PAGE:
A team of Rice University students had to think a lot about that in recent months as they designed furniture intended for use on the moon, Mars and whatever other far-flung destinations humanity may consider in the future.
At the behest of NASA, a team of five seniors in mechanical engineering designed and assembled a prototype chair and table meant to give maximum flexibility to astronauts in space or for habitats in places other than Earth.
The furniture could serve many functions in environments where maximum flexibility with a minimum of fuss are a plus. The Lunar Lounger team assembled the pieces at Rice’s Oshman Engineering Design Kitchen as its capstone project. Capstone projects are required of most of the university’s senior engineering students.
“You’re going to have very limited space, so you can’t just send any furniture up,” said team member Laura Blumenschein. “And then you’ve got the partial gravity.” (Roughly one-sixth of Earth’s gravity on the moon, one-third on Mars.)
“In addition to changing how humans interact with the furniture, it’s a lot easier for astronauts to stand and work,” she said. That requires tables, in particular, to easily adjust for both standing and seated work.
The team of Blumenschein, Archit Chaba, Rey Amendola, Alex Schmidt and Dan Peera also had to consider gravity while balancing weight and strength requirements.
“We can make our furniture a lot lighter, a lot less strong (than Earth-bound designs),” Blumenschein said. “That sounds like a bad thing, but if you’re trying to reduce weight, that’s a good thing when you’re sending things to space.”
The chair and table pack flat for shipping and are designed for maximum adjustability. “The largest pieces are the foam pads,” Schmidt said. The table sits on gas springs for easy height adjustment, and connection ports allow it to be paired with other tables. The chair fits users between 5 feet and 6 feet 2 inches tall “because astronauts come in all sizes,” Peera said.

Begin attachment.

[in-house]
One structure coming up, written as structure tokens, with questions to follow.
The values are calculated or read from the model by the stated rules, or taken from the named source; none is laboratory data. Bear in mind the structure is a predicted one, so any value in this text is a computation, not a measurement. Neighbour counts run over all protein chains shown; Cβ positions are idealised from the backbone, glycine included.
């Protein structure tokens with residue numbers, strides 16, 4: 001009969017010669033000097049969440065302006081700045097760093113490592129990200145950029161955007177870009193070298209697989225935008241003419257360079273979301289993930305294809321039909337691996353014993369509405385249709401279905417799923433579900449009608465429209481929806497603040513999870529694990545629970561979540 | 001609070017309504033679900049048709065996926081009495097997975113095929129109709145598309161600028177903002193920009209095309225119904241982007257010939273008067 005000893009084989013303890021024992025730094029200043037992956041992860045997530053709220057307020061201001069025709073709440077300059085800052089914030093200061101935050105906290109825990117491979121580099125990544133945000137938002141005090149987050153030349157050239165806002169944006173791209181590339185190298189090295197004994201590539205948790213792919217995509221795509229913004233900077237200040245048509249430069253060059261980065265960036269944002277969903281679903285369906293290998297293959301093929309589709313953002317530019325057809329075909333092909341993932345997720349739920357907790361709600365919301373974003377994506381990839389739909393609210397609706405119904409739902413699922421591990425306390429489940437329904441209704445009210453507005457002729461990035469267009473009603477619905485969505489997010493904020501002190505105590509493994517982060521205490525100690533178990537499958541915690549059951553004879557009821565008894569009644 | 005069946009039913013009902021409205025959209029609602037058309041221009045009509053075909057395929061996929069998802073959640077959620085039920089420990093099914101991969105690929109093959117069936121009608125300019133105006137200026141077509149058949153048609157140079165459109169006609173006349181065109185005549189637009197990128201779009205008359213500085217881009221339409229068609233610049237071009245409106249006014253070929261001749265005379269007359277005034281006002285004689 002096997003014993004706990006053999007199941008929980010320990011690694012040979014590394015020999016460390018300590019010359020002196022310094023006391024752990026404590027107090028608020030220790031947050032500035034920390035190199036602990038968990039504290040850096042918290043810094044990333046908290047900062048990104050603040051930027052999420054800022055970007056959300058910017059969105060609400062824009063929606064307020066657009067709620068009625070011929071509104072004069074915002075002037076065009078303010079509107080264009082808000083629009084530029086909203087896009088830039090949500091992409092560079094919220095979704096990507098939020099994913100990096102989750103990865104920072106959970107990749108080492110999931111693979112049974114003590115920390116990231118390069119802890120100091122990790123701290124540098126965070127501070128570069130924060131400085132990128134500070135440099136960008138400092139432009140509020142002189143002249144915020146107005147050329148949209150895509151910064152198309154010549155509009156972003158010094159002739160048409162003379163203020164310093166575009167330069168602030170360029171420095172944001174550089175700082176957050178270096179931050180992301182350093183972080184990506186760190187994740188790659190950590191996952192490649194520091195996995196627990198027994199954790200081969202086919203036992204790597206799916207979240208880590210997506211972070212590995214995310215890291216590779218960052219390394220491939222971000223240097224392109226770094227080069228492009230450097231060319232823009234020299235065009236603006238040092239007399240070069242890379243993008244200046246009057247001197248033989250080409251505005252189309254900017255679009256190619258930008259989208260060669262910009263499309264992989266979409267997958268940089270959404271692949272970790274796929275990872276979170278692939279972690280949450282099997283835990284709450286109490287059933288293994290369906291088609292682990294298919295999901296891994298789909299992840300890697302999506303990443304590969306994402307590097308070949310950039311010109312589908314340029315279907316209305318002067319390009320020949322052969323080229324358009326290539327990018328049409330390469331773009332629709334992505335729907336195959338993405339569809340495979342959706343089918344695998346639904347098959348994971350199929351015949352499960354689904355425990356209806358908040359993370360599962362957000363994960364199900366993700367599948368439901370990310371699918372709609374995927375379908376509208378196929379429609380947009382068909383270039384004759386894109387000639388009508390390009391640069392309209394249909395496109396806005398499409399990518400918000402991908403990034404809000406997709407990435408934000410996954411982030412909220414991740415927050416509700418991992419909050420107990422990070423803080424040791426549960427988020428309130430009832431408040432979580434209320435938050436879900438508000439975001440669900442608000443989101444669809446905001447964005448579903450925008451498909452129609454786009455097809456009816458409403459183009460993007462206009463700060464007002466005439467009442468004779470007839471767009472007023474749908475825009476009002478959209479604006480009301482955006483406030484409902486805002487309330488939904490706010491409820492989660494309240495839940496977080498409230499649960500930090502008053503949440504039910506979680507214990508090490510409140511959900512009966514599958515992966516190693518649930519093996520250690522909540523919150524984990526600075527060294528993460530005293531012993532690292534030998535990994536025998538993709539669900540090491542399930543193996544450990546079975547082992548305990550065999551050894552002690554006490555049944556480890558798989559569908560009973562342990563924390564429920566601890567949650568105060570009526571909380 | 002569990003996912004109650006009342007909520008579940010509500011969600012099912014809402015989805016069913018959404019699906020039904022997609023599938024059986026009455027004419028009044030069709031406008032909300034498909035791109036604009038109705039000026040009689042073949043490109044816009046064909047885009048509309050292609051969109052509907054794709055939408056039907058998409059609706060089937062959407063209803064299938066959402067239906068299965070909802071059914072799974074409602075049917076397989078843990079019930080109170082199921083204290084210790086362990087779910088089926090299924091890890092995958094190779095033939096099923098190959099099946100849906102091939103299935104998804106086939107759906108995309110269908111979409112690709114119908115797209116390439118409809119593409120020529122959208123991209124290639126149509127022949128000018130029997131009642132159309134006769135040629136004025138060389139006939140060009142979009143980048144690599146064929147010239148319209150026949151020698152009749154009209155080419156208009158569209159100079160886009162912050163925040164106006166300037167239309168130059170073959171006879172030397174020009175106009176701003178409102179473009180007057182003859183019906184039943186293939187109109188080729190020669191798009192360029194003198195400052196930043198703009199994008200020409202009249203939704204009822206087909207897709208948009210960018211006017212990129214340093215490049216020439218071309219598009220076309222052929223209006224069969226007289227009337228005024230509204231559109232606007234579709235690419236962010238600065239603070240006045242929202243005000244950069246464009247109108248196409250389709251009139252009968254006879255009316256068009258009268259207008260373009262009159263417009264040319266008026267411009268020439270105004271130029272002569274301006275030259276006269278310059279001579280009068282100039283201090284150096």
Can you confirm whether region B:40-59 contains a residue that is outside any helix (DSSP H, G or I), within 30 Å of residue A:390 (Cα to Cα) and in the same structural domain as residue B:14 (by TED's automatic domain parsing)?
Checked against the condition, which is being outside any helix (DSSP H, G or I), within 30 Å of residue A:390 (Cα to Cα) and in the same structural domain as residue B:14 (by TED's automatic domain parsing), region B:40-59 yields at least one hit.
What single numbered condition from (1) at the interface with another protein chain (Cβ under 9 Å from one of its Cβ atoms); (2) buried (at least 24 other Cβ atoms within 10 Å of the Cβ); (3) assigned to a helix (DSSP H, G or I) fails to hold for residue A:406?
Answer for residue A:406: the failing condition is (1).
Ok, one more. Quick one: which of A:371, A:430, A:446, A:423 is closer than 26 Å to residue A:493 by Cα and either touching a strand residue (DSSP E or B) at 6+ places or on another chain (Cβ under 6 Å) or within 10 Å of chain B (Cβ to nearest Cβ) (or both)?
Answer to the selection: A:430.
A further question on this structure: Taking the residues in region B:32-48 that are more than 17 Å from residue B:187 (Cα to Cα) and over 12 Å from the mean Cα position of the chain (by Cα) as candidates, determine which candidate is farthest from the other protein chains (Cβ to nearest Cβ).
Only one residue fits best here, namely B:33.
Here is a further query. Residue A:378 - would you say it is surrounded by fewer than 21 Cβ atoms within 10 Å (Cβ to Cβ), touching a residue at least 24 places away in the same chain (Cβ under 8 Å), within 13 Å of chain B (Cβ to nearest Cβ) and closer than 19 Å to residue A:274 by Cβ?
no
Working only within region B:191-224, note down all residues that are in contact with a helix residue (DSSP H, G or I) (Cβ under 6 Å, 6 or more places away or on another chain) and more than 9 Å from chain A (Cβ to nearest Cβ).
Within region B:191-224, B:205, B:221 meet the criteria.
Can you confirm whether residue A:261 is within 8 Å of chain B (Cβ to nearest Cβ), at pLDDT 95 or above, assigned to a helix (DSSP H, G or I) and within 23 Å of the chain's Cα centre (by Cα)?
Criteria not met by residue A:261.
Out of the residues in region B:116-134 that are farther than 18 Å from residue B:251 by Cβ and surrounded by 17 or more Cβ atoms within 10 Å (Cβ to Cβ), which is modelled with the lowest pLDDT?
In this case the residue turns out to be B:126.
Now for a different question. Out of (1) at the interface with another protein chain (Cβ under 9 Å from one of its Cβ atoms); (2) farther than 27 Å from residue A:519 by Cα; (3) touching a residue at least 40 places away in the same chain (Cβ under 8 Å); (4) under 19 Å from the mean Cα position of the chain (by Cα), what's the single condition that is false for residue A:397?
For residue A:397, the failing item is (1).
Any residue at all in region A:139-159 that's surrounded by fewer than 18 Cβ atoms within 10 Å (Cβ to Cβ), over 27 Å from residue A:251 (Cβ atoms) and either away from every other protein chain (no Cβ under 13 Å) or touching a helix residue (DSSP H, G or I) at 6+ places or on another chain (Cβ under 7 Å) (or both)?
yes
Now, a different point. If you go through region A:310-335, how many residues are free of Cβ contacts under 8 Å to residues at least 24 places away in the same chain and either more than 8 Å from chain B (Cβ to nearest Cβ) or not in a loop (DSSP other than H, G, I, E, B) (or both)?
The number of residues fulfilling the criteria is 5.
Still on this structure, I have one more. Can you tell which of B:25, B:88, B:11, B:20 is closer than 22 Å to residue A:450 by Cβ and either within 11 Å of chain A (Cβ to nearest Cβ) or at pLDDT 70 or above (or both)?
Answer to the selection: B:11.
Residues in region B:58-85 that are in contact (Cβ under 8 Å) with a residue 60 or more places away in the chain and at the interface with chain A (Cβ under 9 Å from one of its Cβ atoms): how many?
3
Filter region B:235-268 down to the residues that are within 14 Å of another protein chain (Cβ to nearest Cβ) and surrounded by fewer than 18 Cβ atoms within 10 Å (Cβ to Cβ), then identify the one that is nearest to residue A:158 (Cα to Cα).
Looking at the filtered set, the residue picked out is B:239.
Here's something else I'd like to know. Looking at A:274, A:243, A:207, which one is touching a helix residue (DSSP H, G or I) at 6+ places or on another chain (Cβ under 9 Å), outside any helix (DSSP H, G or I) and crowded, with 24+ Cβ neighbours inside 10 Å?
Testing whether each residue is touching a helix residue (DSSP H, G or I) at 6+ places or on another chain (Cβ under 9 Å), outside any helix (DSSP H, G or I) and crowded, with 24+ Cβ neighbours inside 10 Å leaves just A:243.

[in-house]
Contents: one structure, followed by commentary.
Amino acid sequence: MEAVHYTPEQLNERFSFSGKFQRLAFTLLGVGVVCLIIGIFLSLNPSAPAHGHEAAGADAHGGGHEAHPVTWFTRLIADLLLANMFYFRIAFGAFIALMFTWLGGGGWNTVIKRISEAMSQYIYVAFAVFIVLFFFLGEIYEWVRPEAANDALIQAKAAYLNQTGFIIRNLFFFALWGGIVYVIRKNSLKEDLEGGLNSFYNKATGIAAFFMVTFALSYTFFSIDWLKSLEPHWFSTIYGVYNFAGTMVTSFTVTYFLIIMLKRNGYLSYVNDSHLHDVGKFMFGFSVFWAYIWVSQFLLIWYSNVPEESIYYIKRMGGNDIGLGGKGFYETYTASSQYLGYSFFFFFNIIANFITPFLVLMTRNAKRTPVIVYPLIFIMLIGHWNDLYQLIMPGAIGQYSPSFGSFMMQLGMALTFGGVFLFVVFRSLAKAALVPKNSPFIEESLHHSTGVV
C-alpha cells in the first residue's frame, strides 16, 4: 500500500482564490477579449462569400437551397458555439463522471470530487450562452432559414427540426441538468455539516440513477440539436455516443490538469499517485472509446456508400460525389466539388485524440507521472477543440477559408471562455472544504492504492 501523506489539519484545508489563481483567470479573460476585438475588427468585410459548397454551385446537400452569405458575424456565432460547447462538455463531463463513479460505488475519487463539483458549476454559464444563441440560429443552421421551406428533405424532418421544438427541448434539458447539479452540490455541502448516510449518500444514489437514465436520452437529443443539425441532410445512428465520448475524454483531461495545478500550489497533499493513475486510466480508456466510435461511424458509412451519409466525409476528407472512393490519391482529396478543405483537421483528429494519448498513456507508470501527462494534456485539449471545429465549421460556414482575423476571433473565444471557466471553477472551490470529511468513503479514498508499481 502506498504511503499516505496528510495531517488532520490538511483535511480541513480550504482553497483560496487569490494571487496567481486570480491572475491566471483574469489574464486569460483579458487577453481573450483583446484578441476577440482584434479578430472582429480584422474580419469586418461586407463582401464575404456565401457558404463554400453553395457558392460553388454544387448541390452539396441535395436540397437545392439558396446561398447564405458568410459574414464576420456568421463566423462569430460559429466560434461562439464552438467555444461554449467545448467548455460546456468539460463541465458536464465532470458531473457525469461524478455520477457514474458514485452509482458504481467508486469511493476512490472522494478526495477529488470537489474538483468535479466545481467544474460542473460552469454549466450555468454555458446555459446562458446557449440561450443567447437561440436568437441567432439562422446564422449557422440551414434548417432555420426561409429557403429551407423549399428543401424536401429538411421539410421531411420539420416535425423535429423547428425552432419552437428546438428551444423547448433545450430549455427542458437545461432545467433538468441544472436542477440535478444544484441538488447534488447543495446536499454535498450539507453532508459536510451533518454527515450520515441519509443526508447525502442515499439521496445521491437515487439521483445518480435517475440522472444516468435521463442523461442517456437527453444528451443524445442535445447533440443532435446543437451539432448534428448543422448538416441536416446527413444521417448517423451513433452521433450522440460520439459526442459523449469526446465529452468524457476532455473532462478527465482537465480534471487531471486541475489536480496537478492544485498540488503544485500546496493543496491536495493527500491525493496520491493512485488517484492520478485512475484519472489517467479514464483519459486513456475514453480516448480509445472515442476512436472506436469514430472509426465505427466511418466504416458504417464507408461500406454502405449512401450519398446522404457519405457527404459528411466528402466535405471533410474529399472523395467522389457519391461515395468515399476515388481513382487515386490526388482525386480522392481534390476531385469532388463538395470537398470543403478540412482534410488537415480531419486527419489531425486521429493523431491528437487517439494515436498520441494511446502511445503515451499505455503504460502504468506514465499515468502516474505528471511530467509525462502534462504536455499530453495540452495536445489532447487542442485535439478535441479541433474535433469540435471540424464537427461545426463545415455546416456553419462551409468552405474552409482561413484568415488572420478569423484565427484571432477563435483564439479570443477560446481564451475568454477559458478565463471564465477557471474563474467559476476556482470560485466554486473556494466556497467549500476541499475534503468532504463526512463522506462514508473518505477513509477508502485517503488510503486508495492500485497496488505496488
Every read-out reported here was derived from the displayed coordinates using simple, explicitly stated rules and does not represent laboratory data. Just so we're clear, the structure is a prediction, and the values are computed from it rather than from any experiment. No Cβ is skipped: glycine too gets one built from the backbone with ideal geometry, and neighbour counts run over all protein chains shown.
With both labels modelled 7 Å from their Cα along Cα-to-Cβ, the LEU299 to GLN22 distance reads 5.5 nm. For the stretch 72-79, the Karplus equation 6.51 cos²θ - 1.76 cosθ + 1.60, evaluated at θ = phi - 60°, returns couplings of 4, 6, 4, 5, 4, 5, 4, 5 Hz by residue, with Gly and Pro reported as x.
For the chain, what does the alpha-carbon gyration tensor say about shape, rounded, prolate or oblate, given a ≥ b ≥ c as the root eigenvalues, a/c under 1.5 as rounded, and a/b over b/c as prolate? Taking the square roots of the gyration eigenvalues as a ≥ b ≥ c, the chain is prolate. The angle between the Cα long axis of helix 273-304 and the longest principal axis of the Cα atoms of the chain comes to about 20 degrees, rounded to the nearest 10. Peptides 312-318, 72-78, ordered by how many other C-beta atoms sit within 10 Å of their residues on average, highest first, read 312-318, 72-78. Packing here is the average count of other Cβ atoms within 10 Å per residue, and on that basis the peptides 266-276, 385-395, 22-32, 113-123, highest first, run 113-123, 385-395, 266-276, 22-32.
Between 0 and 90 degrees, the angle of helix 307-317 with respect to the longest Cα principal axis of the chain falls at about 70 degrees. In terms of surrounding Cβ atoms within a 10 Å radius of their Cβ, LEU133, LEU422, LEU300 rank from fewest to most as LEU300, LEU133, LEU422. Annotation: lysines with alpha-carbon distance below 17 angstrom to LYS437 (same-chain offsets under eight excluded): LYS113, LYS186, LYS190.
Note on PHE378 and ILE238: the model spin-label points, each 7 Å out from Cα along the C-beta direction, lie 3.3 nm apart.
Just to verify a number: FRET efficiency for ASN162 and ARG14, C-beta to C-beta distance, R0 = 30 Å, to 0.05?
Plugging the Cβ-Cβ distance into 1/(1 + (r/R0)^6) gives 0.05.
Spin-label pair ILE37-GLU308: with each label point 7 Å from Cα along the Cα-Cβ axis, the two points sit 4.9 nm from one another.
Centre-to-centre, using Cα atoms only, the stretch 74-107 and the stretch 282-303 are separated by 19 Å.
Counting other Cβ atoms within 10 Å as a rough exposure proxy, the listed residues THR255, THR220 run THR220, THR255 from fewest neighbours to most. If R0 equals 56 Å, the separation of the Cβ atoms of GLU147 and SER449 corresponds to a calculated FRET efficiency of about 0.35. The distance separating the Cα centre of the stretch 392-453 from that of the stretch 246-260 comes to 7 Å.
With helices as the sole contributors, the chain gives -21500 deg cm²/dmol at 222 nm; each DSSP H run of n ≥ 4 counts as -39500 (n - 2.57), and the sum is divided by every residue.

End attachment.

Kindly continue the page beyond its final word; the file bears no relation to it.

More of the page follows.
Both the chair and table are meant to be floor-mounted to keep them stable in low gravity and the chair has pin-and-hole mechanisms to adjust it for use as a traditional seat or a back chair with a knee rest. Restraining footrests allow for use in zero-gravity environments, the students said.
The team members’ learning curve involved a study of their own habits. “We did a lot of brainstorming and research and kept a furniture journal, where we wrote about every piece of furniture we encountered for a week,” Chaba said. “So, for a couch, or a table, or a bed, we thought about each one and its design points.
“It was really interesting because we started thinking about furniture in an entirely different manner,” he said.
“Part of our mission requirement was to focus on the daily activities of the astronauts and not their sleep habits or anything like that,” Amendola said. “When we thought about what astronauts do every day and what kind of furniture they need, we narrowed down the scope of the project to chairs for sitting and tables for working, relaxing or for mealtimes.”
They got extensive help from NASA representatives, including advisers Nancy Currie, an astronaut and engineer with four space shuttle missions to her credit, and her engineering colleague Christie Sauers. “Step by step, they were there with us for the whole process,” Amendola said.
Schmidt said Currie helped gather opinions from a number of astronauts about what would be most useful in space.
“Ultimately, we’re just brainstorming the first prototypes,” Peera said. “Hopefully they’ll take this design and experiment further to finalize it and eventually get it up into orbit.”
Source: Rice University